bourbon maple glazed easter ham plate

Bourbon Maple-Glazed Ham {recipe}

makes 1 ham, about 8-10 servings

Ingredients

for Ham:
1 8-10 pound bone-in ham
Bourbon Maple Glaze (see just below)

for Bourbon Maple Glaze:
½ cup brown sugar
½ cup maple syrup
½ cup Bourbon
2 tablespoons Dijon mustard
juice from half a lemon, approximately 2-4 tablespoons
1 teaspoon finely grated lemon zest

Directions

Start Roasting Ham:

Preheat oven to 350°F.

Trim outer layer of fat on ham down to about ¼-inch thick. Using a sharp paring knife, make shallow criss-cross cuts across the surface of the ham creating a “diamond” pattern.

Place the ham in a roasting pan with sides high enough to catch juices and drippings. Cover with foil and place in oven. Roast for about 1½ to 2 hours before adding glaze. The ham will roast in total for about 2 to 2½ hours, or until the internal temperature of the ham is 140°F.

While Ham is Roasting, Make Bourbon Maple Glaze:

Whisk all of the ingredients for the Bourbon Maple Glaze in a bowl until the brown sugar is mostly dissolved (it may not dissolve all the way).

Complete Roasting the Ham:

Remove ham from oven, remove foil and save it, and brush the ham with all but about 2 tablespoons of the glaze. If you do not have a brush (I don’t), use a spoon and carefully drizzle the glaze and spread over the ham.

Continue roasting, uncovered, for another 30 minutes to an hour, or until the internal temperature of the ham is 140°F. If the glaze on the ham starts to turn too dark, cover with foil.

Remove ham from oven and let rest uncovered about 15 minutes.

RESOURCES and NOTES

bourbon maple glazed easter ham dinner table

bourbon-maple-glaze-ingredients

beta-carotene-juice-flat-thedeliciouslife-700
I don’t generally drink orange juice unless it’s in a mimosa, in which case I generally request my mimosa “hold the orange juice.”

But when it comes time “to juice,” the January verb, I still don’t drink straight up orange juice, but I do use very-in-season citrus and other vegetables to sneak huge, healing doses of fresh turmeric into my system.

Turmeric is one of what I call the “Super Spices,” which include cinnamon, cloves, and ginger (basically, pumpkin spice latte). The active compound in turmeric, curcumin, is what gives turmeric its yellow orange color and is what gives the spice such potent anti-oxidant and anti-inflammatory properties.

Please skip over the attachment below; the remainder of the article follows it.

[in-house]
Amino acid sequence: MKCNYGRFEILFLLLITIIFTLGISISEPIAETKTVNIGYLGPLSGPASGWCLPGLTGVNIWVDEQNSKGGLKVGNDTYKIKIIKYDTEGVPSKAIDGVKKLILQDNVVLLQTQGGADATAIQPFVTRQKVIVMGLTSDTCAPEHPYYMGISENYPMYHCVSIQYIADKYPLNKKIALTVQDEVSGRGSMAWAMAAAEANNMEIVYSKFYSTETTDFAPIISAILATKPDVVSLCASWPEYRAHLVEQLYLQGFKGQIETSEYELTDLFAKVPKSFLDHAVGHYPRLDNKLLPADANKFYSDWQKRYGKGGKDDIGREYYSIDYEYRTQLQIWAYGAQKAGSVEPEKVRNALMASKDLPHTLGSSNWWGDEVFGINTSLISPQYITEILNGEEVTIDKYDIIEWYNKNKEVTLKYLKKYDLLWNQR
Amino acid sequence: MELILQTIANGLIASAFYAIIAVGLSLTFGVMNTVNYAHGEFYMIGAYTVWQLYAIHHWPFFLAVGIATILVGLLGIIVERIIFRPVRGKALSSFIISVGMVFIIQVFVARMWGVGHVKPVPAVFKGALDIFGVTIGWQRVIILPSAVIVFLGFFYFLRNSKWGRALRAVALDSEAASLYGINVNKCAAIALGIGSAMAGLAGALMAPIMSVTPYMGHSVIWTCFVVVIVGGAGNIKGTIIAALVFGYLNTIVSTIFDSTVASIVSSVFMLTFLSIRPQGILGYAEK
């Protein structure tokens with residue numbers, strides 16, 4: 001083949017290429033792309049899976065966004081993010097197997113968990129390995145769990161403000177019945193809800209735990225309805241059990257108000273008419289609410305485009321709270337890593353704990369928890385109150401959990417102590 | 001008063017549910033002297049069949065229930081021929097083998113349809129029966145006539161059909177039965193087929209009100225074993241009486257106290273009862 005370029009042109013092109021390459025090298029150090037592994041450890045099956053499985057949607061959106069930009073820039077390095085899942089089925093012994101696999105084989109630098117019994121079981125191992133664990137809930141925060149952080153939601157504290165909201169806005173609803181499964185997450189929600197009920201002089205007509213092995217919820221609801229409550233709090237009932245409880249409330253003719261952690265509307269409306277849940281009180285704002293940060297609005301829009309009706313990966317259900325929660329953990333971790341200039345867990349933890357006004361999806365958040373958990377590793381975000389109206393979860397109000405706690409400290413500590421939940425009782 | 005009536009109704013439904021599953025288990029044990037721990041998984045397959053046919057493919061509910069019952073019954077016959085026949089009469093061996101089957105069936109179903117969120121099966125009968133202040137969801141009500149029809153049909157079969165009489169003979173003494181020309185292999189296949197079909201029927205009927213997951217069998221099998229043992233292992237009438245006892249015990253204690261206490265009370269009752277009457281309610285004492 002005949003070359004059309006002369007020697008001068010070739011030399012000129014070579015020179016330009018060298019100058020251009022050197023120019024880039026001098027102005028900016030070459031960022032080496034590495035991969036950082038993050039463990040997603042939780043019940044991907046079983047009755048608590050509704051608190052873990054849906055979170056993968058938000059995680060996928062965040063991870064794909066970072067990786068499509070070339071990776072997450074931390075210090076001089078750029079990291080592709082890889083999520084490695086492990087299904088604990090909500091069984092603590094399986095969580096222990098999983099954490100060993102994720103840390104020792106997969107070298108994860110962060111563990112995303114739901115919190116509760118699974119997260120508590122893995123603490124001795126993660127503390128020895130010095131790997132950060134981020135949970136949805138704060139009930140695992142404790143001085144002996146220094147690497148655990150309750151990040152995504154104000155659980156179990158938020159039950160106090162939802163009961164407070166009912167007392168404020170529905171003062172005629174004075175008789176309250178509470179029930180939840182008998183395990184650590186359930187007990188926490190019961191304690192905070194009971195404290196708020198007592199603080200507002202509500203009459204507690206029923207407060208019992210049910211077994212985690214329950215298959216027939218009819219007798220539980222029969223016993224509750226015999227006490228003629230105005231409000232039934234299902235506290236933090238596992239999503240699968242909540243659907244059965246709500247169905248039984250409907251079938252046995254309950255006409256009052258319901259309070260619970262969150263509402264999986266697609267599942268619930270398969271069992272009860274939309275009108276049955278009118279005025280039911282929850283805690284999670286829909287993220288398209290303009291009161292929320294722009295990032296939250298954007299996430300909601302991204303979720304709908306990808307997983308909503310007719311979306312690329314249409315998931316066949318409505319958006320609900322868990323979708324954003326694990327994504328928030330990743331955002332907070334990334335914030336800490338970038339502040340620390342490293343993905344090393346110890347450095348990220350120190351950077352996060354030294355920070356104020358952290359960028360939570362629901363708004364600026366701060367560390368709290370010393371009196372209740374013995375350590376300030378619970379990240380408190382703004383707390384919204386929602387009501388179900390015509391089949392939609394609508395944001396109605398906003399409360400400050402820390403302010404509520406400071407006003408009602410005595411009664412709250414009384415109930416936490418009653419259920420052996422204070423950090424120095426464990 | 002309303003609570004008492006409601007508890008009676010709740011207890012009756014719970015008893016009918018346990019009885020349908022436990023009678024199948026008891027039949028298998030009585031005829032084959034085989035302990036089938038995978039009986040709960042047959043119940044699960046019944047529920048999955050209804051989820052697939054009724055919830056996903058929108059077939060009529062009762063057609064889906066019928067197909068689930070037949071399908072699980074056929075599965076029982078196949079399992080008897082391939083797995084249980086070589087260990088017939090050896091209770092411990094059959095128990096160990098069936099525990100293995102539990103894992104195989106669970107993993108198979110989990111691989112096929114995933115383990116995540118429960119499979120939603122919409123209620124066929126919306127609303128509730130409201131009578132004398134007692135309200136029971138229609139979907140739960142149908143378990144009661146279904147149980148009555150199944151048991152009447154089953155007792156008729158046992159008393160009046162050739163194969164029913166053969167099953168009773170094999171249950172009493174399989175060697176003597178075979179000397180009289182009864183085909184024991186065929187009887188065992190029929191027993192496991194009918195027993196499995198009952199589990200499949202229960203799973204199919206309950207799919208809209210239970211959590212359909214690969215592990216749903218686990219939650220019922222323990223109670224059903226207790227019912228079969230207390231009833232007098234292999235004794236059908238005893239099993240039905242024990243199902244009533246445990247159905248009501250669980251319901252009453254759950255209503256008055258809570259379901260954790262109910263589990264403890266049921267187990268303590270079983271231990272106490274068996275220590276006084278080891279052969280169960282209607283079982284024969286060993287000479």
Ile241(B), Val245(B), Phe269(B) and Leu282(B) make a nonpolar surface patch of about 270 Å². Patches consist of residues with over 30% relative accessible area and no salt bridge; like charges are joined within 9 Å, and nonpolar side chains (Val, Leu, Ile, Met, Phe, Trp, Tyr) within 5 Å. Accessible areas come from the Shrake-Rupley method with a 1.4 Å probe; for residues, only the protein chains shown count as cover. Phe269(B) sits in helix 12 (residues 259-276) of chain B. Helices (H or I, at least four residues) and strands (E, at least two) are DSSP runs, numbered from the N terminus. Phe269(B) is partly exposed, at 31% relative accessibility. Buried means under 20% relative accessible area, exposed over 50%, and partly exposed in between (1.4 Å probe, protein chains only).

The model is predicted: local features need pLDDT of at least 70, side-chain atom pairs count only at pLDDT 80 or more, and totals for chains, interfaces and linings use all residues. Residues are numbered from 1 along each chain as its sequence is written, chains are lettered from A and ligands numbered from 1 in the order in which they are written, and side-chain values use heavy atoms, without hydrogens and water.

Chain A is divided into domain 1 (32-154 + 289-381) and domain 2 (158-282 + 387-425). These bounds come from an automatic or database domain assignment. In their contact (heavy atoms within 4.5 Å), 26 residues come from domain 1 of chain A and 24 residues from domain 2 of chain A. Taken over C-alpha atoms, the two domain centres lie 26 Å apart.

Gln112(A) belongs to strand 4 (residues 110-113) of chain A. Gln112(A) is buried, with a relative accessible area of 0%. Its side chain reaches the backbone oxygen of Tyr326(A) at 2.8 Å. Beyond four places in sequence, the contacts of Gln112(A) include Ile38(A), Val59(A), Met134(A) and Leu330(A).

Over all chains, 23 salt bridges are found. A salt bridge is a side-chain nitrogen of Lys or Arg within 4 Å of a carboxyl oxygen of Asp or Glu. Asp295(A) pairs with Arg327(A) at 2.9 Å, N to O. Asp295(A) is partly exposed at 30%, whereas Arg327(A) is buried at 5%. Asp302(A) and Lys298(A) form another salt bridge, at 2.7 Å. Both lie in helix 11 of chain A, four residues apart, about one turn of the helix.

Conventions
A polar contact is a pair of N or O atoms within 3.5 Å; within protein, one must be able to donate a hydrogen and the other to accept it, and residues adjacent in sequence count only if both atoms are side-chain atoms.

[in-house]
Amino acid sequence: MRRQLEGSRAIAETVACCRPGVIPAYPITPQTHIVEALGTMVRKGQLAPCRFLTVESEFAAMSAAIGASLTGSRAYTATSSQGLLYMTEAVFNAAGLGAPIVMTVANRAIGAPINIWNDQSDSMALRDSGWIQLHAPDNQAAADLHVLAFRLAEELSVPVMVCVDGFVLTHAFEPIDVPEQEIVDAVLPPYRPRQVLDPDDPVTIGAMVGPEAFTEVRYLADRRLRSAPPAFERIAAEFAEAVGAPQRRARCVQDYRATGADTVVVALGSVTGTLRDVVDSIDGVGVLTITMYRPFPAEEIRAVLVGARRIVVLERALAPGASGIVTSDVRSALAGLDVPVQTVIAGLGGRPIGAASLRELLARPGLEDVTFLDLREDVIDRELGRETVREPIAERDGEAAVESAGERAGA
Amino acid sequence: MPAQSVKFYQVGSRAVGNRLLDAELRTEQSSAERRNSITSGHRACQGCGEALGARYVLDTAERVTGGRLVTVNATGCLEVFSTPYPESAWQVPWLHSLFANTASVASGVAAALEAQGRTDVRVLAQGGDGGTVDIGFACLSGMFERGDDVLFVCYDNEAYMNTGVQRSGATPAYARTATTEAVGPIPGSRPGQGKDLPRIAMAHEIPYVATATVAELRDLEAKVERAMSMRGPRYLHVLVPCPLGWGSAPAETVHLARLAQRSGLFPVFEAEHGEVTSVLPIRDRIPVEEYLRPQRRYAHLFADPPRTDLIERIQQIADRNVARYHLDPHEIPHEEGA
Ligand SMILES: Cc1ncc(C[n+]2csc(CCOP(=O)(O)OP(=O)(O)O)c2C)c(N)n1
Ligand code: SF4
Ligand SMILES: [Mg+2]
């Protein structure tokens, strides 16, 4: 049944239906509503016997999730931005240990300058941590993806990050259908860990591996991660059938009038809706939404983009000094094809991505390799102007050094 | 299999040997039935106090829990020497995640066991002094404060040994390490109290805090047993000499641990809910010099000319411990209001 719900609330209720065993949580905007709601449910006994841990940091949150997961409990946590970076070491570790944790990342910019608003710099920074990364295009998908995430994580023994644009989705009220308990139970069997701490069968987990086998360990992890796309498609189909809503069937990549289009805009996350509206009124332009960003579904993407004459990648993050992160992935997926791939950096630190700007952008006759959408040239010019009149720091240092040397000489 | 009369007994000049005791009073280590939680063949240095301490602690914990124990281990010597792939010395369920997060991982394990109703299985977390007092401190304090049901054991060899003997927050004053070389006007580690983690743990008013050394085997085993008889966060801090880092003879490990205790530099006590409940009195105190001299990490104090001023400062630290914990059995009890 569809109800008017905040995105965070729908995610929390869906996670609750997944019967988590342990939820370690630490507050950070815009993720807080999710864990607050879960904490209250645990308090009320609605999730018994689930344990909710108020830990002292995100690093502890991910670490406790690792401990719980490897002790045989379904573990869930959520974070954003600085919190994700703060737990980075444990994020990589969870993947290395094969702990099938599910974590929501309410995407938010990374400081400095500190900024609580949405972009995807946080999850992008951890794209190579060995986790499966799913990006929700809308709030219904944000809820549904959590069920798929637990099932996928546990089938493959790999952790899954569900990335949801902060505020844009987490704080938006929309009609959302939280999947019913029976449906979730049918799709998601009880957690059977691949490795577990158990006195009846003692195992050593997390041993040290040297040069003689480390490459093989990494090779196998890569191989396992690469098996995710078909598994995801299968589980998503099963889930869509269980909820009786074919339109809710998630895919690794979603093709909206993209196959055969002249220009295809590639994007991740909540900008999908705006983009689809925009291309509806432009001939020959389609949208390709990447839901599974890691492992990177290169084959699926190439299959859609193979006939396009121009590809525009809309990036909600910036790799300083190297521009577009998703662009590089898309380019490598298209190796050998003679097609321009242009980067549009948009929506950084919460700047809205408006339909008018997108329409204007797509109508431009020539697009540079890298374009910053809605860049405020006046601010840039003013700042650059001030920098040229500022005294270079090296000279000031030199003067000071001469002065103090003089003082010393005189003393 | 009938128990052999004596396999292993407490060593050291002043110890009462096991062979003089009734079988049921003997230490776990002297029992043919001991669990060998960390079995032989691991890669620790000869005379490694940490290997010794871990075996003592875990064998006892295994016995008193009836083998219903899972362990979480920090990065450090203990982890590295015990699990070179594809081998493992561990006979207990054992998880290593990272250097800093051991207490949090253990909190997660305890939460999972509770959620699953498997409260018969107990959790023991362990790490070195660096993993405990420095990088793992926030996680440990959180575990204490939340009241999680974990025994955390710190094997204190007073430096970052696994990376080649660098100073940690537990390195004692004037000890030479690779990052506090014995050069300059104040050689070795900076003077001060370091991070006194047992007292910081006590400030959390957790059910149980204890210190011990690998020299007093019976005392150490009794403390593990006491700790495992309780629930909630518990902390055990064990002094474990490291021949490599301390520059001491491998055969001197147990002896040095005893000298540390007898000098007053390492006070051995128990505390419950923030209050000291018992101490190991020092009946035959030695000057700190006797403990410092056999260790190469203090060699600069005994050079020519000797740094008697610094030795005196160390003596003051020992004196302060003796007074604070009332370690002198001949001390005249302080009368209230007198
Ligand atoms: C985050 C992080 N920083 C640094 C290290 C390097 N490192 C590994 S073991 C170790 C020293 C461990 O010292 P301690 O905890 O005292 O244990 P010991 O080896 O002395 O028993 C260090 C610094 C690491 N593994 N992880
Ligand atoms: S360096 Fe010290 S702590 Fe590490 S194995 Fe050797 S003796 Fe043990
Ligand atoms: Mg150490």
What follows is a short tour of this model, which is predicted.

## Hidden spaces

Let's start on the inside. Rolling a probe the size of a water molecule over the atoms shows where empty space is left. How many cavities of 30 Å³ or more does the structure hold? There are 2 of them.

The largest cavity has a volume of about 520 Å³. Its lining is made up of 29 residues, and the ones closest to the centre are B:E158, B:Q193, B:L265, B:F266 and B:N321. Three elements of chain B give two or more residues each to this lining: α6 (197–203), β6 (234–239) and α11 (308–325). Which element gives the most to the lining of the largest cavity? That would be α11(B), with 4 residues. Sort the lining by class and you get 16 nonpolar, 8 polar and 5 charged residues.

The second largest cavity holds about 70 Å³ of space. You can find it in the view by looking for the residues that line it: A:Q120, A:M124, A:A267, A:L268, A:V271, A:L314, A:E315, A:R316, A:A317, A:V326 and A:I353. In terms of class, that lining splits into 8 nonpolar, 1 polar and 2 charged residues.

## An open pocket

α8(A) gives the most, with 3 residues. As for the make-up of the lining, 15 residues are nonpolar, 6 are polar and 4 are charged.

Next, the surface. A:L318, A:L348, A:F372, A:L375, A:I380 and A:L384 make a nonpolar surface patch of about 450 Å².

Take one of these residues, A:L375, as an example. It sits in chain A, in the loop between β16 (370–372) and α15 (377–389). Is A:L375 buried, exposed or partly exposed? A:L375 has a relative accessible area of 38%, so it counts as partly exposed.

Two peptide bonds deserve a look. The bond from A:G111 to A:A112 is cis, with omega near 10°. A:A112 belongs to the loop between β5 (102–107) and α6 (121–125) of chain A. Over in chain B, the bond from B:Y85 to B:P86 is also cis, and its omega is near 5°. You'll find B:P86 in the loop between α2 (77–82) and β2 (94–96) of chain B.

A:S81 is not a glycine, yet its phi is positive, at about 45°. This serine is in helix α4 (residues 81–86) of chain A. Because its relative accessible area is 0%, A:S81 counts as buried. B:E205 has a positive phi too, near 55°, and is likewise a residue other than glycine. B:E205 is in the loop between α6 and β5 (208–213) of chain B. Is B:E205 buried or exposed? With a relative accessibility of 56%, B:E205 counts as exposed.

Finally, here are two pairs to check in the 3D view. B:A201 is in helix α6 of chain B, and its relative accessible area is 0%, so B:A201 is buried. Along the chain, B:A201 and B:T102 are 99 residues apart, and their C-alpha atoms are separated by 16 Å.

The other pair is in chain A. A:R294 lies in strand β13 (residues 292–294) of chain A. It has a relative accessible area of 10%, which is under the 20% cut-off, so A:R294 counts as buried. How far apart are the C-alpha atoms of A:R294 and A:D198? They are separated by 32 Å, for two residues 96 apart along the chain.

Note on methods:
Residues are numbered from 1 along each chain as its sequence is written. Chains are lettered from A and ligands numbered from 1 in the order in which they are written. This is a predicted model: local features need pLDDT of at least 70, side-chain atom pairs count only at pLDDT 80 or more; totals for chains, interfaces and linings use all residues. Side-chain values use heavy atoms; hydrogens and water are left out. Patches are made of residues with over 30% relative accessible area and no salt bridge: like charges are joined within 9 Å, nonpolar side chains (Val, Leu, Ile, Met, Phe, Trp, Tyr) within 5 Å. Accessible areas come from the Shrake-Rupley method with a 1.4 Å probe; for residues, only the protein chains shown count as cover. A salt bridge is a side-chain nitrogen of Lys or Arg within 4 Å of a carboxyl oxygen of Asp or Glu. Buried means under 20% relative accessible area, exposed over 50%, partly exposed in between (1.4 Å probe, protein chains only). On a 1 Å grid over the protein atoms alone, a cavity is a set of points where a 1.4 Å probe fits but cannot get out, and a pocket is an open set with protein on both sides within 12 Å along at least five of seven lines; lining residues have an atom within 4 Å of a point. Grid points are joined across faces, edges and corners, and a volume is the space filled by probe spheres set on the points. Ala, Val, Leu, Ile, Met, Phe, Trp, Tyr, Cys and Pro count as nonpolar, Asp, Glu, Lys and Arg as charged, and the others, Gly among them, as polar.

Some people drink pure fresh turmeric shots, saying it has an “earthy” flavor, but you know what else has an earthy flavor? The earth, which is made of dirt, and turmeric tastes like straight dirty dirt to me and I can’t stand it by itself. So, I have to bury turmeric’s flavor deep inside citrus juice or carrot juice or both.

Or curry.

Or, I just don’t eat turmeric at all and powerdose it in pill form.

(Ginger, on the other hand, has an intense heat, but tastes “sweet” to me.)

Recipe for my favorite “orange” juice with turmeric, below, followed by an easy visual if you’re punching out a quick juice for one.
tangerine juice and carrot clementine turmeric juice

tangerines in bowl

fresh turmeric

Ultimate Anti-Inflammatory Carrot Tangerine Turmeric Juice

makes about 16 ounces of juice

Ingredients

4-6 large carrots, scrubbed (no need to peel)
2 whole peeled tangerines
2-inch piece of fresh turmeric
optional: 1-inch piece of french ginger, whole peeled lemon, spear of fresh pineapple

Directions

Wash everything and make sure they’re all dry. It’s great if the fruit and vegetables come straight out of the fridge so the juice is cold.

Send everything through the juicer one by one. I have no idea if this is important to the mechanics of the juicer, but I start with the “softest” vegetables like tangerines (and lemons) first, and end with the turmeric.

Stick your juice in the freezer for 10 minutes to chill it down before drinking it.

carrot tangerine turmeric anti-inflammatory juice

carrot tangerine turmeric anti-inflammatory juice

citrus roasted salmon
Recipe first, my personal notes and shopping resources after.
{ click for CITRUS-ROASTED SALMON with HERBS recipe }

ginger miso broth soba noodles shiitake mushrooms
The most important part of this recipe is the Ginger Miso Broth, which you will make and sip and eat all the time in so many different ways. Because it’s January, because it’s the new year, because the weather is beyond ice cold (even here in LA, where it’s not literally freezing, but for us, it’s kinda freezing), the Ginger Miso Broth is the base for a health-supporting bowl of green tea soba noodles, grilled shiitake mushrooms, broccolini, and soft-boiled eggs. { click for GINGER MISO BROTH with SOBA and SHIITAKE MUSHROOMS recipe }

green shakshuka with chard kale zucchini { click for GREEN SHAKSHUKA with CHARD, KALE, and ZUCCHINI recipe }

Jacques Torres Three Day NY Times Chocolate Chip Cookies { click for JACQUES TORRES’S THREE-DAY CHOCOLATE CHIP COOKIES recipe }

cranberry cheddar grilled cheese { click for CRANBERRY WHITE CHEDDAR BRIED GRILLED CHEESE SANDWICH recipe }